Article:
After several years of uncertainty in wholesale energy prices and the continued political drive to tackle climate change, management of costs and consumption is emerging as a new business discipline.
Forward looking companies are now applying this mindset to the entire energy procurement and consumption process to improve energy efficiency and manage risk, rather than focus on individual elements of business operations. Douglas McLeish, Head of Business Development, npower business, details how this convergent thinking can help companies deliver against economic and environmental targets.
Events over the last few years have changed how companies regard energy. Historically when wholesale prices were lower, energy was viewed as a minor concern; a price-led decision based on fixed price arrangements with little call for energy management. In today’s business reality, rising wholesale costs have added a great degree of risk to purchasing and led to energy management moving centre stage as an effective means to mitigate costs.
Recent research by npower business, the third npower Business Energy Index (nBEI), further underlines how energy costs remain a concern for UK businesses and how important energy management is becoming.
The report found that the majority of respondents (60%) had experienced an increase in costs over the last six months, a consistent trend since the nBEI began 18 months ago, with an average increase of over 40%.
This is perhaps not that surprising as supply and demand issues continue to dominate the energy agenda, causing unprecedented wholesale prices and price volatility. Many of the supply issues, such as the shift from the UK being an energy self-sufficient nation to an energy dependent one, remain prevalent. In addition, demand issues such as the burgeoning economies of the Far East are also contributing to the impact on global wholesale energy costs.
Depending on their competitive position some companies are able to pass on some or all increased costs in the form of higher prices. Some companies find this more difficult and are changing their operations and processes to reduce energy consumption and their exposure to the problem.
As far as energy efficiency is concerned, the latest nBEI report reveals that most companies have taken steps to improve energy efficiency in the last six months and respondents have never rated the importance of energy efficiency higher. The most popular measures to improve efficiency were changing heating and lighting (46%) and asking for more information (46%).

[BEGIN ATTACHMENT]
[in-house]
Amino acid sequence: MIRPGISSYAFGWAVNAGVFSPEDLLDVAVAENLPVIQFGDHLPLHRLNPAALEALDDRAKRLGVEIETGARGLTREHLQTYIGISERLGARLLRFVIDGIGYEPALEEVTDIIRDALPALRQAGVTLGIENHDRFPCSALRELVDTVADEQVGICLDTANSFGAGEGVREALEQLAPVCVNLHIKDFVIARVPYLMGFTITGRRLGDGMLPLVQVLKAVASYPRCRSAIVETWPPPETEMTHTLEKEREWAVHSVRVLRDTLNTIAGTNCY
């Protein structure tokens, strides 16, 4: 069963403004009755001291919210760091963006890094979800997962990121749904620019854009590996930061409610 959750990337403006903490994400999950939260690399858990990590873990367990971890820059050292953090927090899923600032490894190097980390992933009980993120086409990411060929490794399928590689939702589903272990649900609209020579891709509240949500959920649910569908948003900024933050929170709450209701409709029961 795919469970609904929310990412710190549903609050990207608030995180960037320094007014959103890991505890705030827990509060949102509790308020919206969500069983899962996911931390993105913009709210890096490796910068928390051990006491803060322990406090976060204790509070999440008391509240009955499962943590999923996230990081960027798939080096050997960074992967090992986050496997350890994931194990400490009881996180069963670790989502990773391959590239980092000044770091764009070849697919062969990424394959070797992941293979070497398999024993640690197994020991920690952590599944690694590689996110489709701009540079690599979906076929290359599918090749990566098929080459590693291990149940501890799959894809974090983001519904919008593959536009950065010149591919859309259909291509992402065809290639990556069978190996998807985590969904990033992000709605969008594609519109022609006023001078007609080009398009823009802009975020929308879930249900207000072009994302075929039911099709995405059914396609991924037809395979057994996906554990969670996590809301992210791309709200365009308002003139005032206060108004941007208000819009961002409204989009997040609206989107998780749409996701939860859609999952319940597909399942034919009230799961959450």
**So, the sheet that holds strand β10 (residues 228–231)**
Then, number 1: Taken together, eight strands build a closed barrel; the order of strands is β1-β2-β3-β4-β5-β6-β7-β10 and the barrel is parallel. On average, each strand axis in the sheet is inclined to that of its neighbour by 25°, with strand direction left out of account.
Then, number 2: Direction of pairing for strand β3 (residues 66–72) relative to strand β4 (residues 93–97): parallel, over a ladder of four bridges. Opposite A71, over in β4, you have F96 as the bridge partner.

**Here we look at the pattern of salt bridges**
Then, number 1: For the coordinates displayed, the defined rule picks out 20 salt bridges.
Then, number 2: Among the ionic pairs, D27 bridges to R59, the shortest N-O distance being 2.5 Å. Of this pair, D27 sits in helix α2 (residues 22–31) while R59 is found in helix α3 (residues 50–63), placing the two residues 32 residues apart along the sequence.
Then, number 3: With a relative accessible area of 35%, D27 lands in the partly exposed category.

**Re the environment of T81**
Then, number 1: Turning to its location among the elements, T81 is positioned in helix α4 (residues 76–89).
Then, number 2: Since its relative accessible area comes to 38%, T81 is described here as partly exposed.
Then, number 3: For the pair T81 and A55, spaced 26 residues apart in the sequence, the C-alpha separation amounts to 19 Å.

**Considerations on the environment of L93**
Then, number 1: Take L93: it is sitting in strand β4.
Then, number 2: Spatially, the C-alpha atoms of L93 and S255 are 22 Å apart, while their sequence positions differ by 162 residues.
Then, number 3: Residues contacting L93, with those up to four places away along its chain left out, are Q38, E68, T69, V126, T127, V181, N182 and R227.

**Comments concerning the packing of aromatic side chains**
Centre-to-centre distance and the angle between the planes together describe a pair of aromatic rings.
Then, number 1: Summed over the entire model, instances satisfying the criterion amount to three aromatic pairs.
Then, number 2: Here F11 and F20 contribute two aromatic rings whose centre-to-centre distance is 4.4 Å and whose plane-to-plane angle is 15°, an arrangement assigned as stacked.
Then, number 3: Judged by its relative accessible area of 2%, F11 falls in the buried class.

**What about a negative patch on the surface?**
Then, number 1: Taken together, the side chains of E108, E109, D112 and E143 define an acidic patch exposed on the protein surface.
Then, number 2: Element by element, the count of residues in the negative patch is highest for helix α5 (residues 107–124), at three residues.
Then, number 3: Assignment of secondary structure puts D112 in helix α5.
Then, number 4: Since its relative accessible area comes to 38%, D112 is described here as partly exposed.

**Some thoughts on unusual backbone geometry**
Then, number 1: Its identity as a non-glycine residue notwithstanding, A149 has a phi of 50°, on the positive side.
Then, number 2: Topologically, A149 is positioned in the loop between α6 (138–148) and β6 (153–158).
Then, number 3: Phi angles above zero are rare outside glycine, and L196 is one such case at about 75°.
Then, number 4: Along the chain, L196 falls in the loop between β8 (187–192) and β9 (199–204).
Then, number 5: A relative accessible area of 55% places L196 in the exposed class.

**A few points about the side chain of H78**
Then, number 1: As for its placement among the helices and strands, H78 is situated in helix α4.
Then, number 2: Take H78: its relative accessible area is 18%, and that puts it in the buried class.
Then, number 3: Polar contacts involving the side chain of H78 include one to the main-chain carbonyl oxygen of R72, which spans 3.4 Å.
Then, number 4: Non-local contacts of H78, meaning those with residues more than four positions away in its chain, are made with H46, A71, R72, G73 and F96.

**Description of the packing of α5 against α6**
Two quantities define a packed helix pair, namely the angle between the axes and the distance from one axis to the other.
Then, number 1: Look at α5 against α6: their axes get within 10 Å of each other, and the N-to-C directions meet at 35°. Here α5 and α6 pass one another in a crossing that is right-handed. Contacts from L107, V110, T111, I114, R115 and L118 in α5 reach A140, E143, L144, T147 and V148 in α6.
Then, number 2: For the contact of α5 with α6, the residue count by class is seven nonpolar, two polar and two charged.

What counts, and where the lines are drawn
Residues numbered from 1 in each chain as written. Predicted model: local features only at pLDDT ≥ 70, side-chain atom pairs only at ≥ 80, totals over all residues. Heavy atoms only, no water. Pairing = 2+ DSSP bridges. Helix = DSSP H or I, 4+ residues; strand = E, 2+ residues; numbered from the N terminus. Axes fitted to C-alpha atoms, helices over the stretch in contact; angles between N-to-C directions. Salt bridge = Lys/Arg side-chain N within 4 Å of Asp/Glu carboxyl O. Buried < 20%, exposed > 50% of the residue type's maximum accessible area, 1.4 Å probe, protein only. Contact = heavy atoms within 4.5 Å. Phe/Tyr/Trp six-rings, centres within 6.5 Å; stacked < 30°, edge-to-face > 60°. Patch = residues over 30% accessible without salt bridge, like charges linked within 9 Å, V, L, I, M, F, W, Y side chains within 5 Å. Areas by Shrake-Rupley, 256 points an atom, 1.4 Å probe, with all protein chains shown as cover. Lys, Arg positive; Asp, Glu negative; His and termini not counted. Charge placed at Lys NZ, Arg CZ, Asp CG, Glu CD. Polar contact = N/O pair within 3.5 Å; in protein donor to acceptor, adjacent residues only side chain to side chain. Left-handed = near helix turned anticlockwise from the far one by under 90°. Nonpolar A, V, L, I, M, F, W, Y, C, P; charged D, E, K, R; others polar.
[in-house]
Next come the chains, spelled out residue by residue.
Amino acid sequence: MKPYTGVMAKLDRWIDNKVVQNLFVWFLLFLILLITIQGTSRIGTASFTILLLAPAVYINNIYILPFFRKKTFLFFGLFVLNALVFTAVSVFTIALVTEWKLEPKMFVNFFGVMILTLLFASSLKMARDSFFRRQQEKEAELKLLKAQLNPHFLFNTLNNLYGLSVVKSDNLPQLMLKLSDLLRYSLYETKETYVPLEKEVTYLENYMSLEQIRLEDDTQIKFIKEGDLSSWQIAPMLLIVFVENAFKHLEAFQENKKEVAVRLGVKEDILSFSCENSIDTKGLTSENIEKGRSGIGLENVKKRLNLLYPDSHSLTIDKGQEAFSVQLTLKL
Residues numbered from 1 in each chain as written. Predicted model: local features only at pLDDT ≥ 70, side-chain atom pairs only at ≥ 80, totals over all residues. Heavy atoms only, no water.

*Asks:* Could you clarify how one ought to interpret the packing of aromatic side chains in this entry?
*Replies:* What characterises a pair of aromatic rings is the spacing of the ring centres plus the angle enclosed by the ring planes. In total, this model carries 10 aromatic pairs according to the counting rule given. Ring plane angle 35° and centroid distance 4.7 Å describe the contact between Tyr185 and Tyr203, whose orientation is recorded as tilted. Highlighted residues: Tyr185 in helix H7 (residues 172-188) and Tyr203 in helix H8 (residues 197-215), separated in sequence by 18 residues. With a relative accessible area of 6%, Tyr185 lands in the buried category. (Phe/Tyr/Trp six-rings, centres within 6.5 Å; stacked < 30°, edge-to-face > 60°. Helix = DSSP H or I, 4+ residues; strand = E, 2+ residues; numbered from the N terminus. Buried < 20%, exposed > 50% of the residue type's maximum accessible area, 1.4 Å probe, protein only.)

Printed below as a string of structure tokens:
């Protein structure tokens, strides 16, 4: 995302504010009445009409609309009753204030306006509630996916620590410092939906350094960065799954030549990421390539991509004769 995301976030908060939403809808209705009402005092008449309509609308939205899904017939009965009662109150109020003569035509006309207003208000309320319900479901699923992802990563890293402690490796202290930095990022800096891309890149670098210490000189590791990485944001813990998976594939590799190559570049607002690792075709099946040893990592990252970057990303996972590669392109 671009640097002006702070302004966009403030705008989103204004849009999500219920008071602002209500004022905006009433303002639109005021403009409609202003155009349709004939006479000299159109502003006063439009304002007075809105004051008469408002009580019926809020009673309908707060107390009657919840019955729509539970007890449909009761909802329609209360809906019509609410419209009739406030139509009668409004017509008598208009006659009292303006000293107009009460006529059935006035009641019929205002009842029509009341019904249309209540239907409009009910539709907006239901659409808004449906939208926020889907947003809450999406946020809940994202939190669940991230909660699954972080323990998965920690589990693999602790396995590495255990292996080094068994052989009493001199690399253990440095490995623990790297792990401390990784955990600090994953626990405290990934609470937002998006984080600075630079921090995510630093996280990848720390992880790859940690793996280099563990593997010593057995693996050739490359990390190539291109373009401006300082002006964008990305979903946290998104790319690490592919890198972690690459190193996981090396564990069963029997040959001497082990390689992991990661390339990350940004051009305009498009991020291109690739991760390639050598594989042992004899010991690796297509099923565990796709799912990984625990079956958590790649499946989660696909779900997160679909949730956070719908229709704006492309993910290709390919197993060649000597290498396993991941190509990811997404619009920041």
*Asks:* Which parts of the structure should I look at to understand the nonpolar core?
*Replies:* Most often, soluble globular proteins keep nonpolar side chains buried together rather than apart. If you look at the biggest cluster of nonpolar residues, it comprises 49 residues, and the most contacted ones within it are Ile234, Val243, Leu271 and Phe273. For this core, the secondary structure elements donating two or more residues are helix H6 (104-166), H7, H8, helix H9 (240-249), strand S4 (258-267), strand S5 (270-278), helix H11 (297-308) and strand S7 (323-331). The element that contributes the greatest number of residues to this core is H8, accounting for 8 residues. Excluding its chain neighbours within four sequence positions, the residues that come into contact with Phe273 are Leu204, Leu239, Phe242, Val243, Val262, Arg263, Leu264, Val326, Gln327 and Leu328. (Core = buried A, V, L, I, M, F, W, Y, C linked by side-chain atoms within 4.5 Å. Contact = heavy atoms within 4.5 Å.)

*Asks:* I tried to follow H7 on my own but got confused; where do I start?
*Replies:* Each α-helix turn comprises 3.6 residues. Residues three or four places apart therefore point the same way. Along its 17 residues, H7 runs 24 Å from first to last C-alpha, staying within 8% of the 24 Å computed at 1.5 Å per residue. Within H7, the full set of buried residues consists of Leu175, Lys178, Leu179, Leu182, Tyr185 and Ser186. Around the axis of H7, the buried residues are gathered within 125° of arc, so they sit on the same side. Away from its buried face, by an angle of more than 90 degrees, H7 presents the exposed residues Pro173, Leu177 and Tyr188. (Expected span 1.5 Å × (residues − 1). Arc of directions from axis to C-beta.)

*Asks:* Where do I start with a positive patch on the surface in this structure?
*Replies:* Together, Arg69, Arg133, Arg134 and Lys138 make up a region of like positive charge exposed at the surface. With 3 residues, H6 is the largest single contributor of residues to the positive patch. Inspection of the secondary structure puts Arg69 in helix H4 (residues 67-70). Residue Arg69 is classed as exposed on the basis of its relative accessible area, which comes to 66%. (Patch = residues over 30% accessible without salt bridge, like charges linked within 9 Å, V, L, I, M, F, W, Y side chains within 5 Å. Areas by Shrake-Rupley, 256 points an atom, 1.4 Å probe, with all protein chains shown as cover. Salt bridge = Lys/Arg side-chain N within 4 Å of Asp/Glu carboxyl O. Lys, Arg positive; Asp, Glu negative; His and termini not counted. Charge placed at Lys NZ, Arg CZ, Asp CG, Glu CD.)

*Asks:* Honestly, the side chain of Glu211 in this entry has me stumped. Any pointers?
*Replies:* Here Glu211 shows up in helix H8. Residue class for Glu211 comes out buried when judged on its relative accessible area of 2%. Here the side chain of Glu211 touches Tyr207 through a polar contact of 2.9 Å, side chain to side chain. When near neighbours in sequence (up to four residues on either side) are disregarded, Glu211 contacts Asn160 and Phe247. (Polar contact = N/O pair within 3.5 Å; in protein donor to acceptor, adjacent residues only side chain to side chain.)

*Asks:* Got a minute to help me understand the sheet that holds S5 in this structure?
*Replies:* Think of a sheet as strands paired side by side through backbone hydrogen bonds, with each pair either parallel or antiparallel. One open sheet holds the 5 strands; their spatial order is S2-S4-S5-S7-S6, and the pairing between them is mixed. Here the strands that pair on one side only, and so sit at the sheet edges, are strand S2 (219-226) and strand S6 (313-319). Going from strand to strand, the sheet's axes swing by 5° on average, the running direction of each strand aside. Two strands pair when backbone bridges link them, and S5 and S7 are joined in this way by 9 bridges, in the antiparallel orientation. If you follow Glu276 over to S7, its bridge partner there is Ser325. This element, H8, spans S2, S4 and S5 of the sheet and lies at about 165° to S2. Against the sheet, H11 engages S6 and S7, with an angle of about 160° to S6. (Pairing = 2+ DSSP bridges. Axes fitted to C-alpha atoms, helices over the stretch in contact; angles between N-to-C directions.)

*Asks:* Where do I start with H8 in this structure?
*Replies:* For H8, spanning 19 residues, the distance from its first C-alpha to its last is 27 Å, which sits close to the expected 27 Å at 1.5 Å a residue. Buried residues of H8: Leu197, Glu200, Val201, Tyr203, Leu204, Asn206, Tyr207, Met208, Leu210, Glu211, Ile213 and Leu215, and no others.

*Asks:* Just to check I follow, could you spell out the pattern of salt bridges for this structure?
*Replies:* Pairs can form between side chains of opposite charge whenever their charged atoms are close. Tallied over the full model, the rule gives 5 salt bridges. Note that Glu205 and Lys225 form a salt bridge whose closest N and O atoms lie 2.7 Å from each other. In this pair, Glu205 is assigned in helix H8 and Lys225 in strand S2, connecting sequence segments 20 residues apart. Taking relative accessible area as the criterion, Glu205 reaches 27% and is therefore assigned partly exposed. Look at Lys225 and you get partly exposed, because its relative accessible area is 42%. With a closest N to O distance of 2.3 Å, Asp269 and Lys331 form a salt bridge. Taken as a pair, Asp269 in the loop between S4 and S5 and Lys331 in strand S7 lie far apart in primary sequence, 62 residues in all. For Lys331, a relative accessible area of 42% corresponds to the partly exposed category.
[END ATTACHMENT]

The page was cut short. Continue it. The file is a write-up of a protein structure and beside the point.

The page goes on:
Fuelled by rising prices, companies are demanding more sophisticated forms of energy procurement and consumption management. As a result, risk management has come increasingly to the fore as companies look to new ways to mitigate rising economic and environmental challenges.
The principles behind risk management are the same as behind many of the commodity markets across the world. Essentially companies are hedging a portion of their energy needs in line with their strategy through considerably more flexible means. For example, a modern supply contract may now have 24 buying points a year; a far cry from traditional annual or bi-annual spot purchasing patterns.
This flexibility means a company can take advantage of short-term movements in the markets to bring long-term benefits, by purchasing several months’ usage when daily prices are favourable.
The current situation around energy is also broadening the scope for risk management. While many companies are now embracing a more flexible approach to purchasing, others are drawing this closer to energy consumption too. After all, saving energy is a form of risk management because if less is consumed, then less is required and the exposure to risk is thereby reduced.
This approach requires a more integrated mindset to consider both supply and demand side management issues; all the actual costs of running the processes that require energy, rather than focusing purely on procurement (see figure 1).